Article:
In arithmetic, variables are not used. In algebra, variables (numbers whose values change) and constants (numbers whose values do not change) are each used.
In English, the word man might mean a specific man, or it might mean the representative individual, as in "Man created numbers."
In math, the specific number is a constant, the representaive number is a variable. In math, the phase "a number" means a variable number - all numbers, a number whose value changes sometimes even within a problem.
Below some algebraic ideas involving numbers are represented manipulatively, in symbols, and in written and spoken words.
Manipulatively, the orientation or tilt of the tile is not important (except with fractions). In written algebra, the position of a symbol very much matters.
Here as in written algebra, tiles are generally placed in descending order from left to right. In neither case is it required. What is required manipulatively and with written and spoken algebra is the order dictated by the meaning. More on that later.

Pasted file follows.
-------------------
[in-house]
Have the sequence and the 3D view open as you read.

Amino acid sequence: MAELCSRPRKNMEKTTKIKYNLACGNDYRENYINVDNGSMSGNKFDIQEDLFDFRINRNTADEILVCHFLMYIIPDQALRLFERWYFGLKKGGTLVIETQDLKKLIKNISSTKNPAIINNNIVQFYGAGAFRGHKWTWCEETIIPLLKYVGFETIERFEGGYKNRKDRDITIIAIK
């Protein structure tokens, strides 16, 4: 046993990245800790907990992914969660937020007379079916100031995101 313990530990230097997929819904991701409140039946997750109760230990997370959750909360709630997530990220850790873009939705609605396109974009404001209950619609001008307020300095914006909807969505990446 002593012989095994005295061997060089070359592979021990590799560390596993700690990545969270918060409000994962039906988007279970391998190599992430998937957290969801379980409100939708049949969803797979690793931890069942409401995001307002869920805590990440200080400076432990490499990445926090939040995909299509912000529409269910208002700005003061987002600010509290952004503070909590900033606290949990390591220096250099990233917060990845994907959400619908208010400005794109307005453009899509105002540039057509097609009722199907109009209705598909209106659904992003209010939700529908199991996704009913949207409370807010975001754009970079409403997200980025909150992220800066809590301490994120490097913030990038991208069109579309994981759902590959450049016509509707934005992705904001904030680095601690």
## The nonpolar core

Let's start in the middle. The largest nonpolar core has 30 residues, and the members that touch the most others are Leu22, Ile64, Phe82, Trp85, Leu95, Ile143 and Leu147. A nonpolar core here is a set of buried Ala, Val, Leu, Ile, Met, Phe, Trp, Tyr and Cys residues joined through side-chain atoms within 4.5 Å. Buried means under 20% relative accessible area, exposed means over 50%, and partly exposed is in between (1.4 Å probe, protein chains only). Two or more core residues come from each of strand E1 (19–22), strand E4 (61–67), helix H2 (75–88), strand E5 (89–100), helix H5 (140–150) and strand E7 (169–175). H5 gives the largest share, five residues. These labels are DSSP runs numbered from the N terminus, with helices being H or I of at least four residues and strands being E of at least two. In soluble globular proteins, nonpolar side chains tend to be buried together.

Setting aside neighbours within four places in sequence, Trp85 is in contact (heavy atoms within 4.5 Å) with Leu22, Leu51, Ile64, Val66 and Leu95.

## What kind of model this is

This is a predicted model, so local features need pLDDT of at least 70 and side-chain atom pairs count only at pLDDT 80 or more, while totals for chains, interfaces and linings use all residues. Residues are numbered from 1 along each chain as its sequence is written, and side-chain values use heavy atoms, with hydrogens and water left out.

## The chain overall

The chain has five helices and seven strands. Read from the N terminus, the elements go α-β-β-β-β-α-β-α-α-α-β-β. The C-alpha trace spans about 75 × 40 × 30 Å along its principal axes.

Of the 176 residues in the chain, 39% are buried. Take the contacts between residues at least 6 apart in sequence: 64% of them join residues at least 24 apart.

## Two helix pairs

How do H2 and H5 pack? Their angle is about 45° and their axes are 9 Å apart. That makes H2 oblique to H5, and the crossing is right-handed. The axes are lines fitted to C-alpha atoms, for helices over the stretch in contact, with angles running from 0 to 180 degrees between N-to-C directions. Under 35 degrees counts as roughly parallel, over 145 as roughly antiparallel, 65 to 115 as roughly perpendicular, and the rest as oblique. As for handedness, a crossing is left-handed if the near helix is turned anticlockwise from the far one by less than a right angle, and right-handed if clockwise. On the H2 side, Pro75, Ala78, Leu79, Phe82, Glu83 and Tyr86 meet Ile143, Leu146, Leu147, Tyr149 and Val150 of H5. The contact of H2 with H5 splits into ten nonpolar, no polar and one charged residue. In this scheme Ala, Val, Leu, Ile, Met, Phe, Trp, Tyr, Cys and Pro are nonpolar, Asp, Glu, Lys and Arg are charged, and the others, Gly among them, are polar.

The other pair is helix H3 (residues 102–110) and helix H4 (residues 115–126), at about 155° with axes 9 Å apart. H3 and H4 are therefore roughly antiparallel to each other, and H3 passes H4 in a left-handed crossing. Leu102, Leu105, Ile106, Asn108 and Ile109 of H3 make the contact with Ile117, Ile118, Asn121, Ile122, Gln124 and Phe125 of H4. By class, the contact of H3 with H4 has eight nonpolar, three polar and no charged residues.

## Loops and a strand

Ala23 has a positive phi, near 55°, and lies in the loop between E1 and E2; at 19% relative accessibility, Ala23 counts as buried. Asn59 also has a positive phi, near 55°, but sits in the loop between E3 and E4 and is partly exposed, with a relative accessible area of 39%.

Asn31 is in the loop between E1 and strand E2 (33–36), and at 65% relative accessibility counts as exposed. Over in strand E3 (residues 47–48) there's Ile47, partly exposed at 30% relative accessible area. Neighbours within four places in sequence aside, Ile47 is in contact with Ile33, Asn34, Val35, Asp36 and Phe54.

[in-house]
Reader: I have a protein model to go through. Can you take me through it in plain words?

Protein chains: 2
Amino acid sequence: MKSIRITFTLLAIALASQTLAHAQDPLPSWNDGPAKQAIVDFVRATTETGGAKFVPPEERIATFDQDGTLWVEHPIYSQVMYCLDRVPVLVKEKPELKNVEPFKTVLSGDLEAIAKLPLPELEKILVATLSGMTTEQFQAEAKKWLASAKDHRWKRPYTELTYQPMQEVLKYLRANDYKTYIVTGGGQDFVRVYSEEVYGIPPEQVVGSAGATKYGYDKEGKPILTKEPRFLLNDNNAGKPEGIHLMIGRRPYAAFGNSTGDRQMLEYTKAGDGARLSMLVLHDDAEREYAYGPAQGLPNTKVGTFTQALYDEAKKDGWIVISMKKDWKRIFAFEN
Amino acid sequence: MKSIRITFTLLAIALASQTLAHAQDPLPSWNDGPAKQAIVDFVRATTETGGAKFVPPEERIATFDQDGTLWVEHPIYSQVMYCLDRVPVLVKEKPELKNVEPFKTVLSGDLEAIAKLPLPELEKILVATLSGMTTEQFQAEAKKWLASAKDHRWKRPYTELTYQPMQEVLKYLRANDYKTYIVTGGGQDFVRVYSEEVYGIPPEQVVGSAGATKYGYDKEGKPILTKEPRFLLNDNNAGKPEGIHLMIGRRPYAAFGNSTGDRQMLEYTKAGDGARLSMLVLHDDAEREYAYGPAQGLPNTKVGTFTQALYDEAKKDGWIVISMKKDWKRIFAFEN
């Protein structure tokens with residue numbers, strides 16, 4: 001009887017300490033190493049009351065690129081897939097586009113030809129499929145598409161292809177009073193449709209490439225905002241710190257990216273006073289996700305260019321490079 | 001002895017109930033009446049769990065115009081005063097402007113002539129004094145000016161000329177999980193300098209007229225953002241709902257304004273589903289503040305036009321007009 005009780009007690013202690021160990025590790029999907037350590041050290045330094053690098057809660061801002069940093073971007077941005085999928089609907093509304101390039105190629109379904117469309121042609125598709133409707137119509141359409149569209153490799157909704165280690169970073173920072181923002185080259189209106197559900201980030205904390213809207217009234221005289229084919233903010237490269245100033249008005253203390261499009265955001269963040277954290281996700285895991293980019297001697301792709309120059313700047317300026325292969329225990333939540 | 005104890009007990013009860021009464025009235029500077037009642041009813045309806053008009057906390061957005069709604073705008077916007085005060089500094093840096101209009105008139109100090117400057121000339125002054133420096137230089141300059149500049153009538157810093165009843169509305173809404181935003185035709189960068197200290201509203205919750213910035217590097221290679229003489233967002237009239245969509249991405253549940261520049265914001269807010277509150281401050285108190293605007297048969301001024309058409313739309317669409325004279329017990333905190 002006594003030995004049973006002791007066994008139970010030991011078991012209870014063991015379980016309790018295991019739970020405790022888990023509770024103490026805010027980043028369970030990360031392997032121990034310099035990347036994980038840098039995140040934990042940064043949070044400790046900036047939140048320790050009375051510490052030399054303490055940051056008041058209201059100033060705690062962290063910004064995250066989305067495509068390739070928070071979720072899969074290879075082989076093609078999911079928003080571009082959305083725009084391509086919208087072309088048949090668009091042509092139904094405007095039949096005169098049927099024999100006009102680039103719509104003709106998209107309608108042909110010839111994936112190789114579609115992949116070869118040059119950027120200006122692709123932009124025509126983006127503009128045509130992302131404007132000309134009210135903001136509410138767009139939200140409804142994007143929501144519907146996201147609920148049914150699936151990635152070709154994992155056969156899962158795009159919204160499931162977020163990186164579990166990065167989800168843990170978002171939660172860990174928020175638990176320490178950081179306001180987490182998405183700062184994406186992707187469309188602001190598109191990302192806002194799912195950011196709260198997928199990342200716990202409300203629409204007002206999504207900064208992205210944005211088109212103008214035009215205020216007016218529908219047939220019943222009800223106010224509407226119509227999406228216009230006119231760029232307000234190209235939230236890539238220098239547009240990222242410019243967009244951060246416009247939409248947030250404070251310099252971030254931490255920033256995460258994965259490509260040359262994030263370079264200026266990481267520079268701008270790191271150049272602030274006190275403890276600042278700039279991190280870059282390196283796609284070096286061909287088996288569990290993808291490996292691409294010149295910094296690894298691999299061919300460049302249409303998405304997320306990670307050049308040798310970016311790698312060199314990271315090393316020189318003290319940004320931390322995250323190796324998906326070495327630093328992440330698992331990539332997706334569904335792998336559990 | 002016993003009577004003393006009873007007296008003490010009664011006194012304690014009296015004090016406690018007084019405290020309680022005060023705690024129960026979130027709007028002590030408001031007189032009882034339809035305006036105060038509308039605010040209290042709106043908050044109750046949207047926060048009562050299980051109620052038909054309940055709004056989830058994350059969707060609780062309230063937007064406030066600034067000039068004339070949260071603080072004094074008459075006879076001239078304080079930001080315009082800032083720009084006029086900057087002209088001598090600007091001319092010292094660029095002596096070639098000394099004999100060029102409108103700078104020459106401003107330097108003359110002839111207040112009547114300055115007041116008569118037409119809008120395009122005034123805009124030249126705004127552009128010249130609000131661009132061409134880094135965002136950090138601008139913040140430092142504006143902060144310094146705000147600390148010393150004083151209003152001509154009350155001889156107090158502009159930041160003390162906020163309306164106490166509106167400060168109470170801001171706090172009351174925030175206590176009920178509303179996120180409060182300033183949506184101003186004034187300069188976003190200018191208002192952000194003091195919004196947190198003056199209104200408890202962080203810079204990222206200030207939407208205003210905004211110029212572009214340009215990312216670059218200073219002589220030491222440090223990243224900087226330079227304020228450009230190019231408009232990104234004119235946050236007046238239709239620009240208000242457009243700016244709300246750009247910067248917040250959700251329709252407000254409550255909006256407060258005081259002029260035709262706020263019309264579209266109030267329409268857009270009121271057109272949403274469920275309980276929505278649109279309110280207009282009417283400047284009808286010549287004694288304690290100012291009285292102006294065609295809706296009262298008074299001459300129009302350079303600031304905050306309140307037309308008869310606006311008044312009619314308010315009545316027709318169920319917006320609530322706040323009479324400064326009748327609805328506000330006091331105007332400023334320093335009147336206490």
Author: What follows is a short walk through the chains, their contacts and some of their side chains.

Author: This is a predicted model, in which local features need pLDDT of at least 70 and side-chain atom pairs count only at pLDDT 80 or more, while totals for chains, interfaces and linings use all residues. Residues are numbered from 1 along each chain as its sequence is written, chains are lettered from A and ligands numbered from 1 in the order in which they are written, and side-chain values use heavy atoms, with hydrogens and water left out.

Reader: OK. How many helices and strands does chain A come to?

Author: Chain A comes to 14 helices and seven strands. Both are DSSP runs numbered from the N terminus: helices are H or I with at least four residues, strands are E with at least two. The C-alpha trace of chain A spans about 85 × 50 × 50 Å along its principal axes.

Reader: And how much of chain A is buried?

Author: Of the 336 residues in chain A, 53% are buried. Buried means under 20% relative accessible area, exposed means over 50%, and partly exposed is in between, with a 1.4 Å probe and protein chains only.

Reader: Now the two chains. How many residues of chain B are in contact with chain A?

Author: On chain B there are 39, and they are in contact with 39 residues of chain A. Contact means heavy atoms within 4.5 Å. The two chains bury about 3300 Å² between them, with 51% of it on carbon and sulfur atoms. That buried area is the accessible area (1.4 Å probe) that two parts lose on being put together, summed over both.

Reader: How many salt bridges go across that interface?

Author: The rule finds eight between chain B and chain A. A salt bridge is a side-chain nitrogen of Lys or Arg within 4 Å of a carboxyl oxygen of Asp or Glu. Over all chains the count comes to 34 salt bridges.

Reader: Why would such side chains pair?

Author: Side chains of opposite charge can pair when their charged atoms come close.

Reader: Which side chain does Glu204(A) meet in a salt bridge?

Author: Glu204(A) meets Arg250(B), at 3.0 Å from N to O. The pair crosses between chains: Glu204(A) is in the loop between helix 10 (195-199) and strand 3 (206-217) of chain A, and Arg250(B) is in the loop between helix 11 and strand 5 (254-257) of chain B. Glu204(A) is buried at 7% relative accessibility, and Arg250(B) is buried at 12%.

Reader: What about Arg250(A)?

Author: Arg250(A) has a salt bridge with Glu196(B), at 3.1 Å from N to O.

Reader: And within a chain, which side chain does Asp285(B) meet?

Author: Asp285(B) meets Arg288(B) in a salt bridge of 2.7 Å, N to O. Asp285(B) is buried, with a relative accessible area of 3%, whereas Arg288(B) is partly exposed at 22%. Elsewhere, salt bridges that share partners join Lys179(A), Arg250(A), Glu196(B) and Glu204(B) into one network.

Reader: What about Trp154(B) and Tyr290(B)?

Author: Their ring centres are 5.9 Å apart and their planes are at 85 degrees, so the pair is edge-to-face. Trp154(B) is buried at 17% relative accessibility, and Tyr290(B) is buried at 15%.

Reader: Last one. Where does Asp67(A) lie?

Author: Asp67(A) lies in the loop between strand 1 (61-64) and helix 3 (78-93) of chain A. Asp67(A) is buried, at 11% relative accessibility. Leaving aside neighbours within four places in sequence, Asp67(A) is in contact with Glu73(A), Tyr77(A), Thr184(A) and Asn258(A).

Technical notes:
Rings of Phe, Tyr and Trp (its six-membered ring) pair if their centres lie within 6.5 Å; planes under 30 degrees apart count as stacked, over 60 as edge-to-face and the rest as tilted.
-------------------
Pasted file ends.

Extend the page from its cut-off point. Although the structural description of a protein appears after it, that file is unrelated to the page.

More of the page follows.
There is more than one way to say something algebraically and verbally. Sometimes more than one statement will be presented, sometimes not.
Manipulatively there are many ways to say "zero." Here are just a few.
Usually to represent zero, a pair of matching negative and positive tiles are place one on top of the other, slightly to the side, so the value of each is seen.
Integer computation and representation is usually introduced and mastered before beginning algebra.
To do this one must know how to take the opposite.
With this background in creating zeros and taking the opposite, integer computation can be completed.
The topic of opposite is extended and clarified under the section entitled "Of…"
In the units which follow, paired opposites are used to simplify, to factor, and to solve.
To simplify, find a pair of opposites and "take the zero out" or "zero out" to simplify the expression.
To factor, add a pair of opposites and "put in a zero" or "zero in" to factor the expression.
To solve an equation, add the opposite, then "zero out" to simplify the equation.
www.termtiles.com, Unit 5 © 2008, A. Azzolino